I am often asked to assist web designers and other creative professionals who have not been paid for work produced for a customer. The designer is often left with no reward for his hard work, while the customer has the benefit of a completed product.

There are a few practical steps that a designer can take to prevent this from happening. For example a web designer may ensure that a website under construction remains on the development server and is only uploaded to the host server once payment has been received.

The customer can view the site on the development server as necessary. A graphic designer may make designs available to the customer for evaluation in low resolution versions only, until he has been paid his due.

These are valid and useful methods to ensure payment.

Enter the contract. Although it is often the last thing on a designer’s mind when dealing with a customer, getting a contract signed with the customer is of the utmost importance. It does not have to be a 30 page tome, but it must deal with certain important terms.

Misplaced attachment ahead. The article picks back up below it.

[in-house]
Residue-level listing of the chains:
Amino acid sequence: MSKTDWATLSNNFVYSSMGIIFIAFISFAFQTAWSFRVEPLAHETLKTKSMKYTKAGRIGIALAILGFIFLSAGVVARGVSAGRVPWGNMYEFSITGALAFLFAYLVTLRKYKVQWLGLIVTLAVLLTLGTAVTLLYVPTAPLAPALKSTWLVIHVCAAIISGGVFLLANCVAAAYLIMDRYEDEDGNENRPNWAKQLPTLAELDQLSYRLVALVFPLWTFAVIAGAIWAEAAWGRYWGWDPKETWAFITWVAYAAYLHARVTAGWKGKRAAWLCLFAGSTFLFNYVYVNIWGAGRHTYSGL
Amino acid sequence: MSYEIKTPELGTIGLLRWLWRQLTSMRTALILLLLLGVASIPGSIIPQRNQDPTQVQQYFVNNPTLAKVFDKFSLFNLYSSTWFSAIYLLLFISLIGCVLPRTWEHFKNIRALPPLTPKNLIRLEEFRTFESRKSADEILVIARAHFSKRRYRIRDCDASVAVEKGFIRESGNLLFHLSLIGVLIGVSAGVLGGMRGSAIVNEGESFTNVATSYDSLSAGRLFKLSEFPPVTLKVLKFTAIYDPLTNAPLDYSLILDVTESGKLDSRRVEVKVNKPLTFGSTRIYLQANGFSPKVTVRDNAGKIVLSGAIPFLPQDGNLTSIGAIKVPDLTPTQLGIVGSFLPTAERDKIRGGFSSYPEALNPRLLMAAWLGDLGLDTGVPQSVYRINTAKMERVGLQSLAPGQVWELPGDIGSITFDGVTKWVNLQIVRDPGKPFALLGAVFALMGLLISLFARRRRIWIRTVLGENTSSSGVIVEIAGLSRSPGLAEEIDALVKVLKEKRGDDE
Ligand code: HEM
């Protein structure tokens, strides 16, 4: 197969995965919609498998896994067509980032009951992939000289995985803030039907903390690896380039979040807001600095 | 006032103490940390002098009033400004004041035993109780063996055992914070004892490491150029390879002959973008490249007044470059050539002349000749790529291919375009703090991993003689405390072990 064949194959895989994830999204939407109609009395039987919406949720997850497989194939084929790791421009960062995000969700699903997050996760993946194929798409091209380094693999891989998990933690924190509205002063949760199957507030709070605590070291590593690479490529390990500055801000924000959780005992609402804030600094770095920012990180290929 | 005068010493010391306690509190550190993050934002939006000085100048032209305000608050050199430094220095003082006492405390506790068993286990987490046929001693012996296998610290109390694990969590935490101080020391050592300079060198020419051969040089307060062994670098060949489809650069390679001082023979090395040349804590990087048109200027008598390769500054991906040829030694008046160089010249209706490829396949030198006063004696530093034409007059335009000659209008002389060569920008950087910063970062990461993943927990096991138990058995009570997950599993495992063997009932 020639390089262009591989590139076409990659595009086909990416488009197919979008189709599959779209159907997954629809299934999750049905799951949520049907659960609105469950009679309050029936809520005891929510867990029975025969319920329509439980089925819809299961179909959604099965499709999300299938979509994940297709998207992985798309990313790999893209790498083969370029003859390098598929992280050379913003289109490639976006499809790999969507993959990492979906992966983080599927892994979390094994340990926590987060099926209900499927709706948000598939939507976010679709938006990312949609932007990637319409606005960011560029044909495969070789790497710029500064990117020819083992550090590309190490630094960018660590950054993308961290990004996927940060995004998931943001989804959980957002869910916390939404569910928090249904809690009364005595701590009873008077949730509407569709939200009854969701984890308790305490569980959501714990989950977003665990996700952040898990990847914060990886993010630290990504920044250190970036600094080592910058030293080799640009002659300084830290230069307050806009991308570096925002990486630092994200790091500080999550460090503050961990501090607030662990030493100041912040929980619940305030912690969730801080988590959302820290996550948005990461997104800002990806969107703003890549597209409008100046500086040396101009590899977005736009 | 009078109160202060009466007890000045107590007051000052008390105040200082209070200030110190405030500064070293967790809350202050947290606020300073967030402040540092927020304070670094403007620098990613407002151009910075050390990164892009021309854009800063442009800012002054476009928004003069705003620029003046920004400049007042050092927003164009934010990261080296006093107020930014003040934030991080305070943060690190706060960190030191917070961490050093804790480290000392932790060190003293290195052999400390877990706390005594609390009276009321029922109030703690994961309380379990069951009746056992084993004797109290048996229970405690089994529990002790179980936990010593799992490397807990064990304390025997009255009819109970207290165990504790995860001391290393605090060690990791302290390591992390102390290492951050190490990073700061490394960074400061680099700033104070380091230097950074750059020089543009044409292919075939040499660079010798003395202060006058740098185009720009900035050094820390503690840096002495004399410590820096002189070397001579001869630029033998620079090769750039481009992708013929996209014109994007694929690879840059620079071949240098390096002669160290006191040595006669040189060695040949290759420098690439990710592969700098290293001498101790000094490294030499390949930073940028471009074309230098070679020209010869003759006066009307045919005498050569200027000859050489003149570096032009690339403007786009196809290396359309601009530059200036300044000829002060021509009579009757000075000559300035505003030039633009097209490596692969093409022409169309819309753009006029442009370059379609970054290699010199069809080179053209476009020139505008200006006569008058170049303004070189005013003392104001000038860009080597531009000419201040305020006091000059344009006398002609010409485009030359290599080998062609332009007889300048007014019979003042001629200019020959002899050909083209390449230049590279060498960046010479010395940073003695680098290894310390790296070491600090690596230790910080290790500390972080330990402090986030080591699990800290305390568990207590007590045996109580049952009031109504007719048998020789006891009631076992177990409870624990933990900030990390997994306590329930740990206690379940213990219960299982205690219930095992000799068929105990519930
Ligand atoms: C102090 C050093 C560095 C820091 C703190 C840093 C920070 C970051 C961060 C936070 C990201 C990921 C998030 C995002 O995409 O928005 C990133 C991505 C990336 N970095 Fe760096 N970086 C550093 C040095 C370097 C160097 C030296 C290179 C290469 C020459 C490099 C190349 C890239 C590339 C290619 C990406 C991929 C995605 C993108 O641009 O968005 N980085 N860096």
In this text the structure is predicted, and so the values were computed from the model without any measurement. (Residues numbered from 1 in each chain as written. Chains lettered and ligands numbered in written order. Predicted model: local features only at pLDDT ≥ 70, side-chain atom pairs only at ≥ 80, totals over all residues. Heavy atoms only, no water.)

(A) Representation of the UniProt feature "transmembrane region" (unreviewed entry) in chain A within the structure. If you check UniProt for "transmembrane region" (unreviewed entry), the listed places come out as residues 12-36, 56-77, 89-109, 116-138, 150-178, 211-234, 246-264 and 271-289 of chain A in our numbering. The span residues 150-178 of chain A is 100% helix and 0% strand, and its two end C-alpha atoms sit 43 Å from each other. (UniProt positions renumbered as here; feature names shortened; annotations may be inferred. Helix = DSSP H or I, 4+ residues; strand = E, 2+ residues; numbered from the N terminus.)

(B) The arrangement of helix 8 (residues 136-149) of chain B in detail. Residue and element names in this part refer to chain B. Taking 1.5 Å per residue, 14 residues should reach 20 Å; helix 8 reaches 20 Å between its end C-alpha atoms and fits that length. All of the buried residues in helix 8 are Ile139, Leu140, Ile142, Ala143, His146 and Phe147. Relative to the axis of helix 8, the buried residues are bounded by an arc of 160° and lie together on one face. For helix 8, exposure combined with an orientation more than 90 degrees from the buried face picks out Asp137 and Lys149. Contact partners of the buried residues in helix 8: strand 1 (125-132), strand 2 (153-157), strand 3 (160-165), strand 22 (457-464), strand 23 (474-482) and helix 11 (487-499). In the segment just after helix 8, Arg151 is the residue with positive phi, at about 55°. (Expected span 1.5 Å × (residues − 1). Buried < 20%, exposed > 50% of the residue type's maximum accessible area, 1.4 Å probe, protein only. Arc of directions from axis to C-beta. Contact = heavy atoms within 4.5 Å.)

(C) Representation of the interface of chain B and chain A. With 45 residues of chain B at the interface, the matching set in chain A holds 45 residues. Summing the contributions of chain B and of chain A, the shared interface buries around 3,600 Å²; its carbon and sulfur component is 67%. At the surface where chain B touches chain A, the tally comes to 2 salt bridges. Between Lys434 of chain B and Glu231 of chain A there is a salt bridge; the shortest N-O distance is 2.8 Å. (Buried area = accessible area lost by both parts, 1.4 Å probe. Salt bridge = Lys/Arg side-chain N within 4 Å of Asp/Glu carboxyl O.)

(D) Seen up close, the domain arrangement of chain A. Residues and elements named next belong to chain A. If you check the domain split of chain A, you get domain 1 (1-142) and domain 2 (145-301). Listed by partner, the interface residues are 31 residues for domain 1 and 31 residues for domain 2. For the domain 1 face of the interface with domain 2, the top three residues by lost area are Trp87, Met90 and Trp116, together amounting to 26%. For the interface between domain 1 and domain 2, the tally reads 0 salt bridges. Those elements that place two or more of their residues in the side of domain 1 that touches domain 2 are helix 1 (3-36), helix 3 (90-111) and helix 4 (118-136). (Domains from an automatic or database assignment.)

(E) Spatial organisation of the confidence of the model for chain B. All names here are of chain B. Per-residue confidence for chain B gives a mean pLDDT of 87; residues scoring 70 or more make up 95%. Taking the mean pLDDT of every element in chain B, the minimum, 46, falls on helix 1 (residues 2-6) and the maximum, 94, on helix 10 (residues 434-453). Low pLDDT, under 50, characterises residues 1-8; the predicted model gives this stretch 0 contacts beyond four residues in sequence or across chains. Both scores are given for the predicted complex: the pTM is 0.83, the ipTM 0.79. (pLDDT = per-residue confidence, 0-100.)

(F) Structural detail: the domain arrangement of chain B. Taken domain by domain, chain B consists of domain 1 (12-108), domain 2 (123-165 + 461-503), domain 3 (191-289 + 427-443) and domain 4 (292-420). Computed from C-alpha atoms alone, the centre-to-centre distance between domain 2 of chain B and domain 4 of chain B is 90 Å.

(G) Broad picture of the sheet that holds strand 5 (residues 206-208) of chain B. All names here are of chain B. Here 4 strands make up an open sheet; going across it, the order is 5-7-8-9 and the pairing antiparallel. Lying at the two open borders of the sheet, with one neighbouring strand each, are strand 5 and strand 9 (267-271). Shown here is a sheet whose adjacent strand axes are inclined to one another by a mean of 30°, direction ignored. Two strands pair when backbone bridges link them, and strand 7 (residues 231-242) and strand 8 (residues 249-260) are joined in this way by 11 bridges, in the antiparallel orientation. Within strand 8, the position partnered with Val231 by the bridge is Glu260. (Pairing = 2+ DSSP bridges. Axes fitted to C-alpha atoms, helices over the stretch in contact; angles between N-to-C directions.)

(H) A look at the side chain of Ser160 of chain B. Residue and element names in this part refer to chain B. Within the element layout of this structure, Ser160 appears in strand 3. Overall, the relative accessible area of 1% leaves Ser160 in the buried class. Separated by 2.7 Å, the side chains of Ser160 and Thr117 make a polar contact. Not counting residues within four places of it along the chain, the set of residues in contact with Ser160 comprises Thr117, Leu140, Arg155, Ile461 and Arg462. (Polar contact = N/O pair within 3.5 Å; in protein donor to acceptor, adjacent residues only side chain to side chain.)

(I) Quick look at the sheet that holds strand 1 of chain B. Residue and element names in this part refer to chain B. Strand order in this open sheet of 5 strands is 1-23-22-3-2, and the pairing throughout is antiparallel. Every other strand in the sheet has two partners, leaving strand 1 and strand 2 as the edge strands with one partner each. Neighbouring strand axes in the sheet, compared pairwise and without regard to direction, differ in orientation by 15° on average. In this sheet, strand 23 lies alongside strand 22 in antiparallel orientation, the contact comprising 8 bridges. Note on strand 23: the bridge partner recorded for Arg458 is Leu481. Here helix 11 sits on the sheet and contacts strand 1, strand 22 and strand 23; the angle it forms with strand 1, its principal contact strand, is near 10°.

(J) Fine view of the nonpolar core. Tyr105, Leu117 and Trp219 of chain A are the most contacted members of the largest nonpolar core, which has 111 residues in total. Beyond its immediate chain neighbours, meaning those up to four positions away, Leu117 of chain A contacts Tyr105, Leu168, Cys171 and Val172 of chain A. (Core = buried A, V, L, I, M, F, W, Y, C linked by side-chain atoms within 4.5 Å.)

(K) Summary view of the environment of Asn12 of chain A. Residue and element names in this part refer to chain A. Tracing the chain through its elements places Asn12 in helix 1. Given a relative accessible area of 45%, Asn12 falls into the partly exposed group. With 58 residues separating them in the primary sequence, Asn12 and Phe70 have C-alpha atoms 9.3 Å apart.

Designers worry that by insisting on a contract they are giving the customer the impression that they do not trust the customer. The truth is that having a contract in place introduces an element of certainty to the relationship.

If the designer uses a standard agreement for all customers, there is no reason for any one customer to feel that he is being victimised or distrusted by the designer.

While a good contract will cover many aspects of the relationship between designer and customer, two things that must be included to ensure payment.

Firstly, the work that is to be delivered must be clearly described. It is not necessary to be so specific that the description is a shade less detailed than the final work itself, but it must be clear what the designer will be delivering to the customer.

Secondly, the contract must state clearly that copyright ownership in any works created by the designer for the customer will remain with the designer until the customer has paid the designer’s fee in full.

If the designer follows this approach, he can deny the customer the use of the work until the fee is paid in full, even if the customer manages to get a copy.